Discovering Alcott

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Discovering Alcott

When I was a child, I spent all my free time reading. I loved the Nancy Drew series of mysteries and even read a few Hardy Boys. I also read every other book available in our house, especially the children’s book I read to my younger brothers and sisters. Each of them had a favorite book. Those books were read over and over at bedtime or to entertain them while my mother was busy. As I grew older, the responsibility of reading to the other children passed to my younger sister, Cathy.

I looked forward to summer vacations because that meant more time to read books that I chose. There was no library in our small town but my mother had lots of books. I also had a two friends, girls who were the only child in their families, and they had all the latest books, ones my family could not afford. I had the privilege of borrowing books from them. When I was eleven years old, I discovered Little Women by Louisa May Alcott. I was a child who noticed details so the author’s name immediately intrigued me. Louisa was my grandmother’s name. I could not remember this grandmother but she was my mother's mother and May is my mother’s middle name, so I felt this had some significance. I was sure that Louisa May Alcott had written something especially intended for me. I did not underestimate how important she would be to me.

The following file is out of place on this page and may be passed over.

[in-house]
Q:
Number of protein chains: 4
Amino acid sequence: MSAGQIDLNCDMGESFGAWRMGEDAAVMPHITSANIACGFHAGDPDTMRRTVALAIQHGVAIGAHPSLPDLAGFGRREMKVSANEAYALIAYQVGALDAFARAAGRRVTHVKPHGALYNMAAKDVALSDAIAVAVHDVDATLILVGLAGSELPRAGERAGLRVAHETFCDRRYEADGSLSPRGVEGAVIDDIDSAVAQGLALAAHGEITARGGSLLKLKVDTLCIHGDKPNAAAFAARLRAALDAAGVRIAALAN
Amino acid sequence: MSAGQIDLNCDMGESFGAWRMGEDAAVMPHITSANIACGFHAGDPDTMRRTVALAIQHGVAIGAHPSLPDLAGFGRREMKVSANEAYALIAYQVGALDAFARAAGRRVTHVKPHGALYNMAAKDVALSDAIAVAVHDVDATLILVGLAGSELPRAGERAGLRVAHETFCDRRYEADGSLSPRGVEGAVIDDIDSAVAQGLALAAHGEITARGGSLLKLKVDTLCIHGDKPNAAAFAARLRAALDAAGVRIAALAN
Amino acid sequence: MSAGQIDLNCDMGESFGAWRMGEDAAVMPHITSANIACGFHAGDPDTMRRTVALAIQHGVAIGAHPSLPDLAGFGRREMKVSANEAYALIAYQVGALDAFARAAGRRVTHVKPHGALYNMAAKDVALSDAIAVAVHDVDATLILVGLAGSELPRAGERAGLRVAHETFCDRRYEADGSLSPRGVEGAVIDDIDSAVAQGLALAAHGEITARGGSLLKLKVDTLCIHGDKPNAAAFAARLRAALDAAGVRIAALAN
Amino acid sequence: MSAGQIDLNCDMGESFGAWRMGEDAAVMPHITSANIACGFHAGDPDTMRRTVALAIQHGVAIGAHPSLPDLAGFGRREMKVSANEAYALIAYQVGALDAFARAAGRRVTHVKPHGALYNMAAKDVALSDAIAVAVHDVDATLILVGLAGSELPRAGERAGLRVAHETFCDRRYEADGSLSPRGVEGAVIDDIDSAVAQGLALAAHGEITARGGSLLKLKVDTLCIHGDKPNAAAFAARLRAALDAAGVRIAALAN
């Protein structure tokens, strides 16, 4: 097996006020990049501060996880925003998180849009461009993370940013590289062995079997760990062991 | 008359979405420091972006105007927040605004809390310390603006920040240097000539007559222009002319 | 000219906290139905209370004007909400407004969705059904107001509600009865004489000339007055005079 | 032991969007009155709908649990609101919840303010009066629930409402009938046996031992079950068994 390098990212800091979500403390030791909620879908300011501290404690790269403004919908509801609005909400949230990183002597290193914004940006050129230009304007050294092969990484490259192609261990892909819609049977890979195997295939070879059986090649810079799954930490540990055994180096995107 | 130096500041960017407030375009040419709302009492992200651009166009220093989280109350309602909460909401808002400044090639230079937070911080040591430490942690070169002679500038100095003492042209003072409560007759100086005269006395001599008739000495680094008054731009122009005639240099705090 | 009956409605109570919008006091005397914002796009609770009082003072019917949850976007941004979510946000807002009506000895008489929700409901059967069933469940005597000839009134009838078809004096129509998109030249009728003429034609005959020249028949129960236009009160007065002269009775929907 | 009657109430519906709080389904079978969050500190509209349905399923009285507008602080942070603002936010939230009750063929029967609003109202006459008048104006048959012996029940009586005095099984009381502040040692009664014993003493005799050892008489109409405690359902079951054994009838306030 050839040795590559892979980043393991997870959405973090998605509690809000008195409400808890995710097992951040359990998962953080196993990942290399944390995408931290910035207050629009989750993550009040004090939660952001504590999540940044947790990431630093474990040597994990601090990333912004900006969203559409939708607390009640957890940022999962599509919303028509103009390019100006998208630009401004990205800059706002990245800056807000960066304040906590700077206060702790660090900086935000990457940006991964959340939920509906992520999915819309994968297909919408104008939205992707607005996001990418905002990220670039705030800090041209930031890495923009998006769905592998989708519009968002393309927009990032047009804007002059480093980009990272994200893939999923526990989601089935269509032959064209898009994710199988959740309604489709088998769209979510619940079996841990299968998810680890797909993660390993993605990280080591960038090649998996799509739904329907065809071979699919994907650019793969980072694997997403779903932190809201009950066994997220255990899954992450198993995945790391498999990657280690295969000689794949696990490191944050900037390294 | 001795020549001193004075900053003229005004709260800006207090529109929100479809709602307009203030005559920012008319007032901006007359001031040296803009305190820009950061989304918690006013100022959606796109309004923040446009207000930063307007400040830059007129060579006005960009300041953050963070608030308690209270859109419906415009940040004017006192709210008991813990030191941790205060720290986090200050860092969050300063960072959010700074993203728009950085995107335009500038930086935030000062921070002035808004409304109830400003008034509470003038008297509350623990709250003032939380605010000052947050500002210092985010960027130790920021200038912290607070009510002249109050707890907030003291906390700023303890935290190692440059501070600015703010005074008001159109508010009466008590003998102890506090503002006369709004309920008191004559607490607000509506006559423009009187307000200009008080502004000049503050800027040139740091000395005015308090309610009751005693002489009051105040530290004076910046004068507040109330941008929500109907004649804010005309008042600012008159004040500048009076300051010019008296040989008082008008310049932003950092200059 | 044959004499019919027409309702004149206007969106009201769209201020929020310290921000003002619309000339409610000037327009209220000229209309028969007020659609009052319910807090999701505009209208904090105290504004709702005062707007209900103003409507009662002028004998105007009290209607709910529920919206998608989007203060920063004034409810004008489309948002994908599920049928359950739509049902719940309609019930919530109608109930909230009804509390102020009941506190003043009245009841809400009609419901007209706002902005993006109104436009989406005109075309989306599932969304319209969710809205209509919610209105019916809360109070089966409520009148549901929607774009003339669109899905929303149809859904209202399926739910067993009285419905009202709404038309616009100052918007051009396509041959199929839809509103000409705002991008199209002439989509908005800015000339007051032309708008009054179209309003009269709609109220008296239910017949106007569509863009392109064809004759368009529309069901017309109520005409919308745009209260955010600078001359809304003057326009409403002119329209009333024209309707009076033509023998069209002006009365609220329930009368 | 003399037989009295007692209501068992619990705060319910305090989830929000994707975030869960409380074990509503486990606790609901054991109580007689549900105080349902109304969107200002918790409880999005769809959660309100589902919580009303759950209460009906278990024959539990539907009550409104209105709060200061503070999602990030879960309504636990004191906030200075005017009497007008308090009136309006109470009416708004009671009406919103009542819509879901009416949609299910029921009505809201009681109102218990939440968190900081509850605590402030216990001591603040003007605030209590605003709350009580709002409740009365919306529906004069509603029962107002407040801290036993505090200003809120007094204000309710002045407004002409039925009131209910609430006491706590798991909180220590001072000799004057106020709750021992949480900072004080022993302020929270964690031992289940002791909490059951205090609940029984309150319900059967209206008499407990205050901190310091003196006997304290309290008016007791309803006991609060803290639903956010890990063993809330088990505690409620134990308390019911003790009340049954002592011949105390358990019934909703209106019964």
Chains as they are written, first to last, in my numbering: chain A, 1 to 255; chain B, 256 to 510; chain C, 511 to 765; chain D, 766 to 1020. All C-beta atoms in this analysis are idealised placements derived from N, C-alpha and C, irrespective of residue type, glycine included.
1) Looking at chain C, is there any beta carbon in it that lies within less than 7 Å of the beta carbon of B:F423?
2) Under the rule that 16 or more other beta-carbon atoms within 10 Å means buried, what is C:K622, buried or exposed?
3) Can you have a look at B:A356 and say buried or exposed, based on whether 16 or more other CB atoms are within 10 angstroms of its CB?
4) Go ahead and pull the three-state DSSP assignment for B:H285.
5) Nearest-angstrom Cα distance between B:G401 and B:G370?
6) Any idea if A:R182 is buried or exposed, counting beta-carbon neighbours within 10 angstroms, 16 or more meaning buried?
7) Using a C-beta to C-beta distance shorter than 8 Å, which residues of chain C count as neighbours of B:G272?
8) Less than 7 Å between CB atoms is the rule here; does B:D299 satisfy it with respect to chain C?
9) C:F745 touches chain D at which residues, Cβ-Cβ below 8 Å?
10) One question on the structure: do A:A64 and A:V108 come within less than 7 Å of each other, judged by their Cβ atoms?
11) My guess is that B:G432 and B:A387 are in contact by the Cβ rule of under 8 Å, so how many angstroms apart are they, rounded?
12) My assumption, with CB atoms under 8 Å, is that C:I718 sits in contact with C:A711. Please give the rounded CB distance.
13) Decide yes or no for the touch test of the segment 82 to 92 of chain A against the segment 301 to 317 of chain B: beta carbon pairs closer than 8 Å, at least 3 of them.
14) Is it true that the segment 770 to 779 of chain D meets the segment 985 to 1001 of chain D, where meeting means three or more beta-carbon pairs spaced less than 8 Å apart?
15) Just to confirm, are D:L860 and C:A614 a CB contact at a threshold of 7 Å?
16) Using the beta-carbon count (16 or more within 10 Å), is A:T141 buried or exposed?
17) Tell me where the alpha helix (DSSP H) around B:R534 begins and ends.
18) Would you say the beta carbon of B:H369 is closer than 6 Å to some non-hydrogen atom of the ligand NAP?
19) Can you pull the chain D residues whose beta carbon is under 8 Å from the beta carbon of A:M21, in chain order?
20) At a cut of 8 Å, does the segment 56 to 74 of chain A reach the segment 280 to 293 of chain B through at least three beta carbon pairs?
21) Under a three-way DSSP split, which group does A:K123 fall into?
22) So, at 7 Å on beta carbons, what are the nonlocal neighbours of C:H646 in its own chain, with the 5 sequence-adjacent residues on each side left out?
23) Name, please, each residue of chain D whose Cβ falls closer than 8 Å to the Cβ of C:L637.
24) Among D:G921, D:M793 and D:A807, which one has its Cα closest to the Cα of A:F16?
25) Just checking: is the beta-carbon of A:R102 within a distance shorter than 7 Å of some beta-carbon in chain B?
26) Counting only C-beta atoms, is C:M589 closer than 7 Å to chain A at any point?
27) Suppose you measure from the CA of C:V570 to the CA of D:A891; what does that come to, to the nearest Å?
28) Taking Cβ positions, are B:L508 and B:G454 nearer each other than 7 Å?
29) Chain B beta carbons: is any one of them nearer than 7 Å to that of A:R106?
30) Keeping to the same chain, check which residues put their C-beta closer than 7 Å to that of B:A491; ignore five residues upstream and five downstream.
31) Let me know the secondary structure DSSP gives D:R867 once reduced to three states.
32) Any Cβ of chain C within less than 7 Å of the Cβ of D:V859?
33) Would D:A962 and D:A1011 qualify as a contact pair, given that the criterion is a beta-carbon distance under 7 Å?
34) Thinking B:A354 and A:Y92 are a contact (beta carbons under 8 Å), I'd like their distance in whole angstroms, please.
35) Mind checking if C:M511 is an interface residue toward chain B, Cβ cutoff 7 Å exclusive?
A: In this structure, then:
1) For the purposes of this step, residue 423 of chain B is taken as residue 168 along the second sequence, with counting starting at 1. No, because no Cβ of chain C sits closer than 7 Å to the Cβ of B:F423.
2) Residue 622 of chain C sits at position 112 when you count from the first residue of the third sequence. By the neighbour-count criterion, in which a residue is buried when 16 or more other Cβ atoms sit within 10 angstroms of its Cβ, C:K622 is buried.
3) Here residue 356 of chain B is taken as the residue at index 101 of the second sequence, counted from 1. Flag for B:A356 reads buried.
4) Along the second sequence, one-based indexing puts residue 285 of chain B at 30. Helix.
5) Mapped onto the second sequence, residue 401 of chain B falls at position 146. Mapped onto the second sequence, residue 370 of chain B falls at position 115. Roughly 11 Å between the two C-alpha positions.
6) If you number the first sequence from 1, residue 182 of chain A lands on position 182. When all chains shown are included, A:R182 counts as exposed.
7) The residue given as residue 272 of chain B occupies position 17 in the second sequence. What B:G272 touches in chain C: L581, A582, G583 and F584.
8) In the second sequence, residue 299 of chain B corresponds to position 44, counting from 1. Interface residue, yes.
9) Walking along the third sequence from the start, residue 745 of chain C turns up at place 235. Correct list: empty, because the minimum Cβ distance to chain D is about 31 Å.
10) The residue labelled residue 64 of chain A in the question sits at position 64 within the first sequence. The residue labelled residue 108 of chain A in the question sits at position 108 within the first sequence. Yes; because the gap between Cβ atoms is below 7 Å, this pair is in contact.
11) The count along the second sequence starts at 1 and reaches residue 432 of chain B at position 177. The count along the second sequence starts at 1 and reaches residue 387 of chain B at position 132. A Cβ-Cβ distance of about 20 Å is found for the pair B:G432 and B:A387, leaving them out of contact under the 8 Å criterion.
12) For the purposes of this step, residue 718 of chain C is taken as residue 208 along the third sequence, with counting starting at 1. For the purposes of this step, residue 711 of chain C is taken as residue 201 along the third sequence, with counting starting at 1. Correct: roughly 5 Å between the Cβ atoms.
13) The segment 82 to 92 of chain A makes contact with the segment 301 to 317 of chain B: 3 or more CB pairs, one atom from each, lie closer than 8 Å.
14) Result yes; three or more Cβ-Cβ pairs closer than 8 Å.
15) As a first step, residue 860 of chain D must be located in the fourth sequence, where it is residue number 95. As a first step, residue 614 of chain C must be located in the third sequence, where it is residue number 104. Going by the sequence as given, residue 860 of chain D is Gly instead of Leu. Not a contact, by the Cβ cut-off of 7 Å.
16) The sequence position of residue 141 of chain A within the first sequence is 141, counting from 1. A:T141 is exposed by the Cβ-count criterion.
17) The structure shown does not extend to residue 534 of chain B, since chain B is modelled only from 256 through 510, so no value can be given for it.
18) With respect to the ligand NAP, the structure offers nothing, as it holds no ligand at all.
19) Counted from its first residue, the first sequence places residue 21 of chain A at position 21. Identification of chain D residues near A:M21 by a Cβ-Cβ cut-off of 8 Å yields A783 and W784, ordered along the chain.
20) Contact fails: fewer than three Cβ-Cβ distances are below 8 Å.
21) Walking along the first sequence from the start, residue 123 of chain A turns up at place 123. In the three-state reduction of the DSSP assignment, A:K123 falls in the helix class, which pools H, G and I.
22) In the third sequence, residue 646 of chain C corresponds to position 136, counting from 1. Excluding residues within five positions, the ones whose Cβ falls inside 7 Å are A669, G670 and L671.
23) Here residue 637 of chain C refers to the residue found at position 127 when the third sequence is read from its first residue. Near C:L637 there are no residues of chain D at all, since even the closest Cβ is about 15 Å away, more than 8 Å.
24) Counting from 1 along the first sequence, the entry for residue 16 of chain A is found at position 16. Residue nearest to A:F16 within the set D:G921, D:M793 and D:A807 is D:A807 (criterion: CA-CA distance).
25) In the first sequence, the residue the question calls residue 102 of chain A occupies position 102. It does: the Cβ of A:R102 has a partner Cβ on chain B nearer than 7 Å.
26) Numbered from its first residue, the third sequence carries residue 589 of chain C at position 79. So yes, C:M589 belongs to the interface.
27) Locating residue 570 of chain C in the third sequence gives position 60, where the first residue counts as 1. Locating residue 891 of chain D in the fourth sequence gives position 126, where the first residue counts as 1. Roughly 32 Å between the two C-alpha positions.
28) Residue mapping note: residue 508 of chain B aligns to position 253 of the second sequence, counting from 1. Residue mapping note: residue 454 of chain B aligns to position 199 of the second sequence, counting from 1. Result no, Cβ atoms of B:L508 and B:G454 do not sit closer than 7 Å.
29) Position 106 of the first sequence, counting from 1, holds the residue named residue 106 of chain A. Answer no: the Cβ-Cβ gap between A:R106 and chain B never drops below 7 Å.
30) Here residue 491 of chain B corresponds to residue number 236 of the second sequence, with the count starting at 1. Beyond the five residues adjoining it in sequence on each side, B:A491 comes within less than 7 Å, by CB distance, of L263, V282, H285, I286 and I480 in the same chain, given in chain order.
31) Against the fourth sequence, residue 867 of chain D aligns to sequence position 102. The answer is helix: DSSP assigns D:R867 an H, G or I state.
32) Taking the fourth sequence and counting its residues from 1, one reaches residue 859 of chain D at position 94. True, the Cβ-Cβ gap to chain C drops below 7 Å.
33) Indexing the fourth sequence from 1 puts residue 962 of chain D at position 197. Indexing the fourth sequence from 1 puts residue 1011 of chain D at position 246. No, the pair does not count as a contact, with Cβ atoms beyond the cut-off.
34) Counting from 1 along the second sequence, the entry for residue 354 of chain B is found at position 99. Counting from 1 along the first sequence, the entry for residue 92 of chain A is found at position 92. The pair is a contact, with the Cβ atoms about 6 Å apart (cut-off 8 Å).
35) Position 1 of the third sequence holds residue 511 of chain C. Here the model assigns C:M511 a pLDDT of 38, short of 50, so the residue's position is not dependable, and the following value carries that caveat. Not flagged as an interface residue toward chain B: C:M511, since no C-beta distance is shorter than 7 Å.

In addition to our regular household chores of cleaning, babysitting, bed making and helping with cooking, washing and ironing, my older sister, Marian, and I were old enough now to help with canning and freezing fruits and vegetables. We were aware that this must be done in order to feed the family through the winter. We felt our mother’s worry about being able to provide for us so endured the hot, muggy kitchen when we, or at least I, would much rather have been curled up in a quiet corner with a book.

I was intrigued from the first page of Little Women because it was about four girls and they were talking about being poor. I could feel and understand their worries. Not only that, one of them reminded the others that they were lucky, they had each other, something my own mother often told us we should appreciate. As the story continued I could not help comparing them to my own family.
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